Christian man, daughter killed in bombing in Iraq

Friday, November 19, 2010

by Joseph C. DeCaro, Worthy News Correspondent

BAGHDAD, Iraq (Worthy News)-- A bomb in northern Iraq killed a Christian and his 6-year-old daughter Tuesday; it was the latest in a string of strikes against the country's dwindling Christian population.

The man and his daughter were killed Tuesday afternoon in Mosul when an explosive attached to a vehicle detonated. The previous night, attackers went into two Christian homes in the Tahrir neighborhood, killing the male heads of the households and then driving off; at about the same time, another bomb detonated outside a Christian home, wounding a bystander.

Many Christian families in Iraq fear for their safety and want to leave the country, but they just don't have the means.

Christians have endured a series of attacks in Baghdad since All Saints Eve when militants attacked the Sayidat al-Nejat Cathedral, leaving 70 dead and 75 wounded, including two priests; the "Islamic State of Iraq" claimed responsibility.

In November, at least three were killed and 28 wounded in attacks targeting Christians in the capital.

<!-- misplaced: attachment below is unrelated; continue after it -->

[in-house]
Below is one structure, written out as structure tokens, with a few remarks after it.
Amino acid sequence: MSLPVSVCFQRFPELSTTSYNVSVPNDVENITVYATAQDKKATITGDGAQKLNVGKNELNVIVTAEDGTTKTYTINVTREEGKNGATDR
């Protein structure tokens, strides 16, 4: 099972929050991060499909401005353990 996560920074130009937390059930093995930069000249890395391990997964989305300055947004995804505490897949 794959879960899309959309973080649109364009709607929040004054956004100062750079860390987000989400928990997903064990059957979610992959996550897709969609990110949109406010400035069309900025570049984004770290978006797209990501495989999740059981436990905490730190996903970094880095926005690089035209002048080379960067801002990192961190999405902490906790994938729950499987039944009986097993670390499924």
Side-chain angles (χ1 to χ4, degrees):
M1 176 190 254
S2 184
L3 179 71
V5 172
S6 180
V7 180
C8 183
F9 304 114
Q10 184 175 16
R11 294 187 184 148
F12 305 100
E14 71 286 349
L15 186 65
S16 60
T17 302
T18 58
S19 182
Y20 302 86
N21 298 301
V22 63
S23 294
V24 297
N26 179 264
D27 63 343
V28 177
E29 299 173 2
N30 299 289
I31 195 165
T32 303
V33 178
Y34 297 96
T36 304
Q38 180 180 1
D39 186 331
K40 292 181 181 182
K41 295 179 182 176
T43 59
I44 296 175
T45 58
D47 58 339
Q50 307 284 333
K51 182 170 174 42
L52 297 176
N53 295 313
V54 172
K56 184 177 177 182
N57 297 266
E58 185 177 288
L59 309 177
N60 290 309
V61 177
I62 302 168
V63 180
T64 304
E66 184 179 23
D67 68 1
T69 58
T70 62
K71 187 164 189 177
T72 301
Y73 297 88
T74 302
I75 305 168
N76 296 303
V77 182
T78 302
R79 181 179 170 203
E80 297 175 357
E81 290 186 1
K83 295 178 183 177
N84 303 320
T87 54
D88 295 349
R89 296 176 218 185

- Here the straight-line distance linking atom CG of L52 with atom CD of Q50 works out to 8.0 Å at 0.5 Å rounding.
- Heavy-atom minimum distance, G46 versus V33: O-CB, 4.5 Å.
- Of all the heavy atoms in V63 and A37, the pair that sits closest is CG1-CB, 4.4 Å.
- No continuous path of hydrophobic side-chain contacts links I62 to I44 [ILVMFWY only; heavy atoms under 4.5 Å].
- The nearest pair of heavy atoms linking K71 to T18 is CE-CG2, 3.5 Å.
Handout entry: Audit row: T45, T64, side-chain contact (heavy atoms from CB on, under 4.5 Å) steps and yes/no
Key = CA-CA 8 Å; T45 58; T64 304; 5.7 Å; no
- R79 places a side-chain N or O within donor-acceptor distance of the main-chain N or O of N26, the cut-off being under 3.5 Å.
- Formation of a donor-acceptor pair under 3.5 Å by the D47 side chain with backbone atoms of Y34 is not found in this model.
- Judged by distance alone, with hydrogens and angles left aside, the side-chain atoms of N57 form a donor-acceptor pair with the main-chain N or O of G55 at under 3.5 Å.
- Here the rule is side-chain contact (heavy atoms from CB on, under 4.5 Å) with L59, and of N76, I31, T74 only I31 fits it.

Recent violence against Christians prompted the United States, the United Nations Security Council and an American Catholic archbishop to express their concerns for minority religious groups in Iraq.

The patriarch of Iraq's largest Christian community, Cardinal Emmanuel Delly III of the Chaldean Catholic Church, urged his fellow Christians in a televised address Thursday to stand firm during these difficult times.

Earlier this month, the U.S. Commission on International Religious Freedom asked American officials to make a special effort to protect Iraqi Christians, Yazidis and Mandaean minorities.

"Given the United States' continued military presence there, we urge the administration to work with the Iraqi government to proactively heighten security at Christian and other minority religious sites," said USCIRF chairman Leonard Leo. "The United States also should press its allies in the region to be increasingly vigilant of the threats by extremists targeting religious minority communities and work together to reduce these threats, in order to secure their well being and help prevent the continued exodus of Christians and other minorities from the Middle East."